Friday, April 07, 2017

Interesting in that it is so comprehensive. 
How Hackers Hijacked a Bank’s Entire Online Operation
…   Researchers at the security firm Kaspersky on Tuesday described an unprecedented case of wholesale bank fraud, one that essentially hijacked a bank’s entire internet footprint.  At 1 pm on October 22 of last year, the researchers say, hackers changed the Domain Name System registrations of all 36 of the bank’s online properties, commandeering the bank’s desktop and mobile website domains to take users to phishing sites.  In practice, that meant the hackers could steal login credentials at sites hosted at the bank’s legitimate web addresses.  Kaspersky researchers believe the hackers may have even simultaneously redirected all transactions at ATMs or point-of-sale systems to their own servers, collecting the credit card details of anyone who used their card that Saturday afternoon.
…   Kaspersky believes the attackers compromised the bank’s account at  That’s the domain registration service of, the registrar for sites ending in the Brazilian .br top-level domain, which they say also managed the DNS for the bank.  With that access, the researchers believe, the attackers were able to change the registration simultaneously for all of the bank’s domains, redirecting them to servers the attackers had set up on Google’s Cloud Platform.2
With that domain hijacking in place, anyone visiting the bank’s website URLs were redirected to lookalike sites.  And those sites even had valid HTTPS certificates issued in the name of the bank, so that visitors’ browsers would show a green lock and the bank’s name, just as they would with the real sites.  Kaspersky found that the certificates had been issued six months earlier by Let’s Encrypt, the non-profit certificate authority that’s made obtaining an HTTPS certificate easier in the hopes of increasing HTTPS adoption.  
…   Ultimately, the hijack was so complete that the bank wasn’t even able to send email.  “They couldn’t even communicate with customers to send them an alert,” Bestuzhev says.  “If your DNS is under the control of cybercriminals, you’re basically screwed.”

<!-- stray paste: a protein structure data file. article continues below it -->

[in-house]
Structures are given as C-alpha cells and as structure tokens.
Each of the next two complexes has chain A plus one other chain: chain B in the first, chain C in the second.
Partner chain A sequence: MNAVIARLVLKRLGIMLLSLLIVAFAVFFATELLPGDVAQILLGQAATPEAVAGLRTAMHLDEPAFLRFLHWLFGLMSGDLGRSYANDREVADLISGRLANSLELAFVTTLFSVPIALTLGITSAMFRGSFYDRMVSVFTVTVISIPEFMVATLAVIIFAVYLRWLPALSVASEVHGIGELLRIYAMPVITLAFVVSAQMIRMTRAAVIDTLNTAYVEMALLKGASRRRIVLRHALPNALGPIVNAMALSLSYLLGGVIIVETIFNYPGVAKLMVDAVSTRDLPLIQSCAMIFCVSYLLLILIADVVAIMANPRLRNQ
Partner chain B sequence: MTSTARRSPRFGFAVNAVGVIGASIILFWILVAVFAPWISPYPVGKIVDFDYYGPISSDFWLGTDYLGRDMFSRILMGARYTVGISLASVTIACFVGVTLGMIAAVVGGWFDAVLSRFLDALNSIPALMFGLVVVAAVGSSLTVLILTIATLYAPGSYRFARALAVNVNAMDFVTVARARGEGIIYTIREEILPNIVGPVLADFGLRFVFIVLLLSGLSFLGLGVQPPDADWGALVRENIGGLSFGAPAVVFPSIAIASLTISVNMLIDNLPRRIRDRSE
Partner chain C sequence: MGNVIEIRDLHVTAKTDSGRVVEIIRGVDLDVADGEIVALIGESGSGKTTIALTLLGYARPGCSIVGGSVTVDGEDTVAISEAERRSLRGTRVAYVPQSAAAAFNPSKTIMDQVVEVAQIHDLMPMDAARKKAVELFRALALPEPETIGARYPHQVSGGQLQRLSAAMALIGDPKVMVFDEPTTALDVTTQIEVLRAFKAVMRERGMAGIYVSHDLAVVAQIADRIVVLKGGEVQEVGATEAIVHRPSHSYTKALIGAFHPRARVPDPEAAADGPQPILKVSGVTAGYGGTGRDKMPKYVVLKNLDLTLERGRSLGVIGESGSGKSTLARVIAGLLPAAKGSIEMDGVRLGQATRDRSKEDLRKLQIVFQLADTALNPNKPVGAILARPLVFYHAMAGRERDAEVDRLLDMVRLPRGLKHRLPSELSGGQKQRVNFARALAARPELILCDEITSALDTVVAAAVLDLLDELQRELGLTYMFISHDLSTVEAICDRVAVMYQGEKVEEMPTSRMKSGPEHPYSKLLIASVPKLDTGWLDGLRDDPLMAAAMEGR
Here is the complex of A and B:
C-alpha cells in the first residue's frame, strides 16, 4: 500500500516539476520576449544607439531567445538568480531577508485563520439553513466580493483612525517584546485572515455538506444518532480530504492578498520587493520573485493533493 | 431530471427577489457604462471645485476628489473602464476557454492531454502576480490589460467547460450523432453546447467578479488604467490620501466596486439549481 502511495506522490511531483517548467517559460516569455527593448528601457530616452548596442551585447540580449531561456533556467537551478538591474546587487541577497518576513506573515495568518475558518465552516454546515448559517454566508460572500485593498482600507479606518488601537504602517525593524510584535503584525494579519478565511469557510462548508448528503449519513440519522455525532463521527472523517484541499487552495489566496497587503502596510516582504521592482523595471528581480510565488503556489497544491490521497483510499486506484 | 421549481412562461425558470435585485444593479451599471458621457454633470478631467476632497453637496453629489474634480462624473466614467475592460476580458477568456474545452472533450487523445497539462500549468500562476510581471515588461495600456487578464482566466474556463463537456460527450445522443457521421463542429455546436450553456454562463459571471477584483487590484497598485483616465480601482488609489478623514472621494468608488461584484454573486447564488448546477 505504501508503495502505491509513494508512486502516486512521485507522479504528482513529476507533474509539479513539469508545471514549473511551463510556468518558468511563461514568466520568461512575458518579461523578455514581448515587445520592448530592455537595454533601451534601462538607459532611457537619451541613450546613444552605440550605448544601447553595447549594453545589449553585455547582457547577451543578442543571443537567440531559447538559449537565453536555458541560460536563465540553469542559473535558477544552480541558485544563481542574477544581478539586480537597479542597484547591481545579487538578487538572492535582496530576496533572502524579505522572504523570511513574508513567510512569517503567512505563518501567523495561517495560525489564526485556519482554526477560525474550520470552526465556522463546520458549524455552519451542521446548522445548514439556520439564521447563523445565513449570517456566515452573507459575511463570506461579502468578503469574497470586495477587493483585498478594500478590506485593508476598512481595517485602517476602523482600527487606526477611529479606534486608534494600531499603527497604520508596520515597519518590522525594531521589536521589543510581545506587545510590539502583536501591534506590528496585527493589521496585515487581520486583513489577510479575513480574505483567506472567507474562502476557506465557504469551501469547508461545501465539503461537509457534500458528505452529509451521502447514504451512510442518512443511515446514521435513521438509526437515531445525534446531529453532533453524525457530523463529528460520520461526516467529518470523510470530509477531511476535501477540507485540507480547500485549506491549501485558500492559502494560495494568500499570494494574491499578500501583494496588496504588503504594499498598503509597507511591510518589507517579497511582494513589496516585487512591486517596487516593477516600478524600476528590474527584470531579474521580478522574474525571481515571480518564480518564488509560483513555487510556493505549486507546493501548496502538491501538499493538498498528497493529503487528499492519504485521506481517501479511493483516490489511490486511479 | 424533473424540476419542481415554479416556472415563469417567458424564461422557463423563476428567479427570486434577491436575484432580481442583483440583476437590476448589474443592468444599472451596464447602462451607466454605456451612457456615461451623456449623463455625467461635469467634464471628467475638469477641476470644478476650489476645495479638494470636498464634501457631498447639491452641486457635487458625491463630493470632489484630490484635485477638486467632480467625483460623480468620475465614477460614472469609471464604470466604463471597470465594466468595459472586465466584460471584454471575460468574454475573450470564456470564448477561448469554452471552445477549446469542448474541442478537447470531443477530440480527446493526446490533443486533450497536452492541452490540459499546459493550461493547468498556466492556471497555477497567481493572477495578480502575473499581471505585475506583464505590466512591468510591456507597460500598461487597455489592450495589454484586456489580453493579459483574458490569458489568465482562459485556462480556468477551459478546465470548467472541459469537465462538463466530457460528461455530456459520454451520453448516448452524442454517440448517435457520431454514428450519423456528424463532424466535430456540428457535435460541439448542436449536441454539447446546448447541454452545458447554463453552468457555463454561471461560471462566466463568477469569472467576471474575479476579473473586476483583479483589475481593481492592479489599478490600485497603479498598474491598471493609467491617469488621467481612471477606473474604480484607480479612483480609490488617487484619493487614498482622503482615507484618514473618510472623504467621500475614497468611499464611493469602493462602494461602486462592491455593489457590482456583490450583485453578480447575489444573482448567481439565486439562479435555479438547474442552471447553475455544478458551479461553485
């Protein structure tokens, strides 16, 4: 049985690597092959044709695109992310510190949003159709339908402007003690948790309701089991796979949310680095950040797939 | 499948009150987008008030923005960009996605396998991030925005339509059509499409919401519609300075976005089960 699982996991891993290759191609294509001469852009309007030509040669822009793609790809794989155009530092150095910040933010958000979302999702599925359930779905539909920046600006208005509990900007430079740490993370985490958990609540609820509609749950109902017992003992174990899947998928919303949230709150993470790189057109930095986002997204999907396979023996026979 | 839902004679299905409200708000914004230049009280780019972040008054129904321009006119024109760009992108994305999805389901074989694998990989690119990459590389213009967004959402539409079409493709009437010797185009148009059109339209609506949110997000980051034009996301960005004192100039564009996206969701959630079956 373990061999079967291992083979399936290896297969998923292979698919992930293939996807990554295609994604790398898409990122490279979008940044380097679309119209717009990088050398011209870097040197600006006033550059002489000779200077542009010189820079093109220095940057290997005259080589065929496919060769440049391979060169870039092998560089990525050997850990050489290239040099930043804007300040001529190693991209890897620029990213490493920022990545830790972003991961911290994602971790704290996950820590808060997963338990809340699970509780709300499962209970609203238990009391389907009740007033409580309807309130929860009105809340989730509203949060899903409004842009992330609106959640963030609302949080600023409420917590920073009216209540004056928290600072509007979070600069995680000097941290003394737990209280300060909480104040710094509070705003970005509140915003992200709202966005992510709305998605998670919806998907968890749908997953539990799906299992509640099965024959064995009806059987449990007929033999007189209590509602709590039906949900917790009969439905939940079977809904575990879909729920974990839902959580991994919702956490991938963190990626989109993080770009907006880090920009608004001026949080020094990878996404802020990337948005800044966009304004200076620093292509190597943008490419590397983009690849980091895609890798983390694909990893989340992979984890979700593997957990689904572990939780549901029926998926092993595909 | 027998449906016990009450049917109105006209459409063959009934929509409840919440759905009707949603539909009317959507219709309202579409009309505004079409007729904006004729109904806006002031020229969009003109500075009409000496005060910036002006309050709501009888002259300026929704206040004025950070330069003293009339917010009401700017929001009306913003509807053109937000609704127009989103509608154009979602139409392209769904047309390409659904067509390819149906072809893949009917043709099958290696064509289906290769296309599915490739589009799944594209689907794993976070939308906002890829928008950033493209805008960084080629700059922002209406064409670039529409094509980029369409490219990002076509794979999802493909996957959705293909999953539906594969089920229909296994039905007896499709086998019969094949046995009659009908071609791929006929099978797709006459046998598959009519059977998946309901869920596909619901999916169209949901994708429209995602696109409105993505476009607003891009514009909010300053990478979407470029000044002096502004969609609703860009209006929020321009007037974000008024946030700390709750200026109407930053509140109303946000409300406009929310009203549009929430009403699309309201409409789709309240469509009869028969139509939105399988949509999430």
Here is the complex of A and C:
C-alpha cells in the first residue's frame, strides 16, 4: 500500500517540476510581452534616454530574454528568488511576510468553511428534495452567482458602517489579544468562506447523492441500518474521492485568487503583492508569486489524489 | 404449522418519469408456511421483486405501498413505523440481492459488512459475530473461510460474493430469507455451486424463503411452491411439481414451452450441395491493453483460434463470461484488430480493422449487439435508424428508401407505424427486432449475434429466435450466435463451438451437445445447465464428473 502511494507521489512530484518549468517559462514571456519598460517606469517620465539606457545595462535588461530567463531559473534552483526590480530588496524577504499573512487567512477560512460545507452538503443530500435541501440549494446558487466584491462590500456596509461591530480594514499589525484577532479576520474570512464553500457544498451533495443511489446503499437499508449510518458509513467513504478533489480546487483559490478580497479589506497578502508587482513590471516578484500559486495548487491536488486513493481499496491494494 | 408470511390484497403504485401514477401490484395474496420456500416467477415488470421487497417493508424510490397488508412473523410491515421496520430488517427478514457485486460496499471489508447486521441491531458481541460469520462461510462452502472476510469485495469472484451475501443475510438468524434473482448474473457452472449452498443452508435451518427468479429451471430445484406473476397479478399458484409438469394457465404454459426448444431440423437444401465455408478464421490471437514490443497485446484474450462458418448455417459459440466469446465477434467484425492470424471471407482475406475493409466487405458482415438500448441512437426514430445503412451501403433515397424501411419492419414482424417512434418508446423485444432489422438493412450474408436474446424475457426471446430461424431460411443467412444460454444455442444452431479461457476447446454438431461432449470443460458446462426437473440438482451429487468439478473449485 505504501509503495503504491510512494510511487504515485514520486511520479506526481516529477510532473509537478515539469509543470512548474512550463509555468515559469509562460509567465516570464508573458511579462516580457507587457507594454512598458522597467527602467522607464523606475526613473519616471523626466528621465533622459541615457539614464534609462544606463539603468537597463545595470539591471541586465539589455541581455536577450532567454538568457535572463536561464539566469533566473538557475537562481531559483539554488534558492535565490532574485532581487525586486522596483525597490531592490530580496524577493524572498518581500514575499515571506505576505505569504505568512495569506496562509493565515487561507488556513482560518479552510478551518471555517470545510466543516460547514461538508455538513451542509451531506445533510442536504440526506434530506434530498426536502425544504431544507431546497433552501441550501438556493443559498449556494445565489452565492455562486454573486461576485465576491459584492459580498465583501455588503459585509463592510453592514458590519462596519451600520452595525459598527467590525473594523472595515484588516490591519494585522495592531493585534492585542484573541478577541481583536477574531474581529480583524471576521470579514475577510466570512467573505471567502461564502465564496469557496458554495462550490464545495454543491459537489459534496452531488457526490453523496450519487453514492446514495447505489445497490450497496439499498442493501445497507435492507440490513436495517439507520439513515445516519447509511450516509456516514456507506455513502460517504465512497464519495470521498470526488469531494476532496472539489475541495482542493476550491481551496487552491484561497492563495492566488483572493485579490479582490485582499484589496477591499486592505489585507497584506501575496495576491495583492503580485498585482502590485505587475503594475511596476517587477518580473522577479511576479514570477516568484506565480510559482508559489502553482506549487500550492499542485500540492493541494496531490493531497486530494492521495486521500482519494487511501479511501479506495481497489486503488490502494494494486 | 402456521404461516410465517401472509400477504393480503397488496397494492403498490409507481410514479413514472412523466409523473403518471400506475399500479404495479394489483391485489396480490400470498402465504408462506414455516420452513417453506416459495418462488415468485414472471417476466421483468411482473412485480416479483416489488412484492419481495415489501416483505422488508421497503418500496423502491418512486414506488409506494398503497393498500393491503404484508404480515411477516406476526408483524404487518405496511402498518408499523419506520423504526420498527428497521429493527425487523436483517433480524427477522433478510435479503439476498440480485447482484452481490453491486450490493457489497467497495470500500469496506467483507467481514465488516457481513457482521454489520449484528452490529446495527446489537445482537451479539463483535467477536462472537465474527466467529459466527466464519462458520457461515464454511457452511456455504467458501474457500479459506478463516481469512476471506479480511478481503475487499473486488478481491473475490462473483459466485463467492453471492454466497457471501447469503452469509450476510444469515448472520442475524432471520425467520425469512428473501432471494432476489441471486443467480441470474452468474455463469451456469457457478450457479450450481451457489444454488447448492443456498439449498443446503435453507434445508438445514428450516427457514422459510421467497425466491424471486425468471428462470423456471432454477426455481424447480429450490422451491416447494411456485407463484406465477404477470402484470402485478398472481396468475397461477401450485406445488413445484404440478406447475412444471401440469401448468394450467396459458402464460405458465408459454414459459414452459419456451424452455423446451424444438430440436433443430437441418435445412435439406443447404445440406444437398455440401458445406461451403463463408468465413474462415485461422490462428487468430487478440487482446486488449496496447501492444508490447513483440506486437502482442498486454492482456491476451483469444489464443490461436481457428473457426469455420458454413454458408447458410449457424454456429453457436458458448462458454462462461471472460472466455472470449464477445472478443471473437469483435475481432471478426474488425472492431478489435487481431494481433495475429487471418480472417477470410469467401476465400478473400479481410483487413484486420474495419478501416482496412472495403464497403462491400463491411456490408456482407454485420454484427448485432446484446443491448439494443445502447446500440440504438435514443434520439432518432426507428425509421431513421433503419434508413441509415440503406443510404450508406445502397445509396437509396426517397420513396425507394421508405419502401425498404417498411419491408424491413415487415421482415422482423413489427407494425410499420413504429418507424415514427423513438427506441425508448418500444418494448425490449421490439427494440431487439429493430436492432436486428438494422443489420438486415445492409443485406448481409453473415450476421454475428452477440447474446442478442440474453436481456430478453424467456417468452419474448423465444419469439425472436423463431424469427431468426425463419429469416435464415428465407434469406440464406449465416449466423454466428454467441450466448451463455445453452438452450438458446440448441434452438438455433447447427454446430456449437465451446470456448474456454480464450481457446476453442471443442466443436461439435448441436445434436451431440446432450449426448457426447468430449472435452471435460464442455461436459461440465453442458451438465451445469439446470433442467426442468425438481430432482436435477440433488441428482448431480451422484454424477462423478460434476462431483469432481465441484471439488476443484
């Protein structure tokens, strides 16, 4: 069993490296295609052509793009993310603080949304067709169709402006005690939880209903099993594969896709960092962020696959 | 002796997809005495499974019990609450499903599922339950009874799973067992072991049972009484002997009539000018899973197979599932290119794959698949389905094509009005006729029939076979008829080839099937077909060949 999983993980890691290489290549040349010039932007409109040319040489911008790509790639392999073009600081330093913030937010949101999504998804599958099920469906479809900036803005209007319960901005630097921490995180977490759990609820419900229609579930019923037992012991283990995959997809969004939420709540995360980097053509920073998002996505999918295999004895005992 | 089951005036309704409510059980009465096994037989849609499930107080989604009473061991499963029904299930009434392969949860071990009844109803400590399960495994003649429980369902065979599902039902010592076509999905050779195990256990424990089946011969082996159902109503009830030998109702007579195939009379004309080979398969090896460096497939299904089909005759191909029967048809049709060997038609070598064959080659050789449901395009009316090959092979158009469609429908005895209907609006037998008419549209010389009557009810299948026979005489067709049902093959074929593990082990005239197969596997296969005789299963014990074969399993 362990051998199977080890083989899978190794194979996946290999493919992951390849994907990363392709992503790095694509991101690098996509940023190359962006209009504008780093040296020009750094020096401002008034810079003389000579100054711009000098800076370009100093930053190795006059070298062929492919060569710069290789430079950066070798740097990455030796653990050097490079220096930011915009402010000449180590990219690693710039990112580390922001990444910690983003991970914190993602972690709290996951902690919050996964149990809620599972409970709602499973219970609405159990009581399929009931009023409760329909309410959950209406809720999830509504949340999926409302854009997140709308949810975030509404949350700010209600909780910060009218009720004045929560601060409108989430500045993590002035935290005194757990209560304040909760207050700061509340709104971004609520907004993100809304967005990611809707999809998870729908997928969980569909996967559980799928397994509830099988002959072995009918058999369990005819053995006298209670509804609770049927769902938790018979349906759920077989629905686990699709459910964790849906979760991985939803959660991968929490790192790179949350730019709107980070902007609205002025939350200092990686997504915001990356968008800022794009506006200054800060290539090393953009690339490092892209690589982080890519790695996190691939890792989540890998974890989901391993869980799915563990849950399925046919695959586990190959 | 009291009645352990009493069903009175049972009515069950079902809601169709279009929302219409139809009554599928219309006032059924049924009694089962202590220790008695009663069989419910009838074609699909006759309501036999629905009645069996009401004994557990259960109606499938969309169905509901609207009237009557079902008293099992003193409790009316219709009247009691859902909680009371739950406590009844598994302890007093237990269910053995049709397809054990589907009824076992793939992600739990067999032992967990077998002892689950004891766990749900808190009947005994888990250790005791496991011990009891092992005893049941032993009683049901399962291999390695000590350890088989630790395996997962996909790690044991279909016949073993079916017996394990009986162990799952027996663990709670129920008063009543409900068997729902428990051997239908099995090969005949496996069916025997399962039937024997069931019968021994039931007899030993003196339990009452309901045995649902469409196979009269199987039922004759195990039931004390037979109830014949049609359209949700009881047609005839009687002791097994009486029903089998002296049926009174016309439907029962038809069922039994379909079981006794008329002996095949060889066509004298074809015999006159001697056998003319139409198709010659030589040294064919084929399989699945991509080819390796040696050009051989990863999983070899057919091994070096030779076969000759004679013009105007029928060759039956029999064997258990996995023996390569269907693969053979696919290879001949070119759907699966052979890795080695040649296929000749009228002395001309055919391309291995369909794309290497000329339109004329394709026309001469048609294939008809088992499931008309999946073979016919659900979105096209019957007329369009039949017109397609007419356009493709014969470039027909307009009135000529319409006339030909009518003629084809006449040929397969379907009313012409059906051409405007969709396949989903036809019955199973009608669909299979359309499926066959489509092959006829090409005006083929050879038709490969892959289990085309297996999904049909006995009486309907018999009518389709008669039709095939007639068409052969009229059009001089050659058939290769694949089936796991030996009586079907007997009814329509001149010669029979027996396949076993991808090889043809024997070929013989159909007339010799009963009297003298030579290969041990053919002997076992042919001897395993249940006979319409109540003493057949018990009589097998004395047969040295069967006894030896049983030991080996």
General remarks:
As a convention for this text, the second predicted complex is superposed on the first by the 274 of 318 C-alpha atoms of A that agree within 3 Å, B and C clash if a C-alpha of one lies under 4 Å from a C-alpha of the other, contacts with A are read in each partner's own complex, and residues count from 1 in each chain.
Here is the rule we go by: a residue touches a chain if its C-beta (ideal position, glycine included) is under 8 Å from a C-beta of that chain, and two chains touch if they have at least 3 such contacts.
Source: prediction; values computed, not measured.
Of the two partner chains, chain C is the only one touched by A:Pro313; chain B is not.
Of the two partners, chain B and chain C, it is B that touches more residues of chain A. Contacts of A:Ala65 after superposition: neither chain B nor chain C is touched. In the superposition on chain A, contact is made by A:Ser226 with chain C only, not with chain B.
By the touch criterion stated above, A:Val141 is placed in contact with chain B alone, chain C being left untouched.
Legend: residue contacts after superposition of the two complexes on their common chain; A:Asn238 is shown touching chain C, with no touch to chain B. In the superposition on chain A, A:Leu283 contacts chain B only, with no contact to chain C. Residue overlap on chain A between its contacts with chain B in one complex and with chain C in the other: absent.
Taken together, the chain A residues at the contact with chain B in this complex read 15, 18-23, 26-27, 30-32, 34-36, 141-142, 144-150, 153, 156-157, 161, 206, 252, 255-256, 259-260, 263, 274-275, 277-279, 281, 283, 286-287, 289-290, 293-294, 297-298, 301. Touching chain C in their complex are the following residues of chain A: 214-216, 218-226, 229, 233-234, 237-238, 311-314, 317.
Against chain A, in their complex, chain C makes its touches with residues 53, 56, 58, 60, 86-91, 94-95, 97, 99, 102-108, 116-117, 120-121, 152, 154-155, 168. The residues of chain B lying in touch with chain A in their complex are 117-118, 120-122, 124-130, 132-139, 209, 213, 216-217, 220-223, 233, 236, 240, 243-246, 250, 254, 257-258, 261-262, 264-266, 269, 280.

They record the IP address of anyone who clicks on their video.  If someone had spammed that link as “cute puppies,” could they tell?  
Joseph Cox reports:
Last year, Motherboard found Australian authorities had unmasked Tor users in the US as part of a child pornography investigation.  Judging by court documents, Australian authorities sent targets a hyperlink to a video that, when clicked, would give their real IP address to investigators.
Now, it has emerged the hacking operation was broader in scope, with authorities placing a booby-trapped video not only in messages to individual targets, but on a more widely accessible forum, allowing investigators to identify hundreds of suspects around the world.  The case highlights the growing trend of law enforcement agencies using hacking tools and malware to identify criminals located outside of their immediate jurisdiction.
Read more on Motherboard.
[From the Motherboard article: 
…   investigators would have had no way of knowing where the people clicking the video would have been located; that is the very problem authorities face when dealing with suspects on the dark web.  However, that also means law enforcement agencies may be searching computers across international borders and beyond their legal remit.  Task Force Argos has repeatedly declined to answer questions from Motherboard on whether the unit obtained a warrant to unmask suspects in this operation.  

This won’t succeed, will it?
The government is demanding to know who this Trump critic is. Twitter is suing to keep it a secret.
Twitter filed a lawsuit Thursday to block an order from the Department of Homeland Security that seeks to reveal the user of an account who has been critical of the Trump administration's immigration policies.
Tweets from the account -- @ALT_uscis -- indicate that it is run by someone who is an employee of the U.S. Citizenship and Immigration Services division of Homeland Security.
Free speech advocates said the DHS order appeared to be the first time the government has attempted to use its powers to expose an anonymous critic -- a development that, if successful, would have a "grave chilling effect on the speech of that account" as well as other accounts critical of the U.S. government, Twitter said.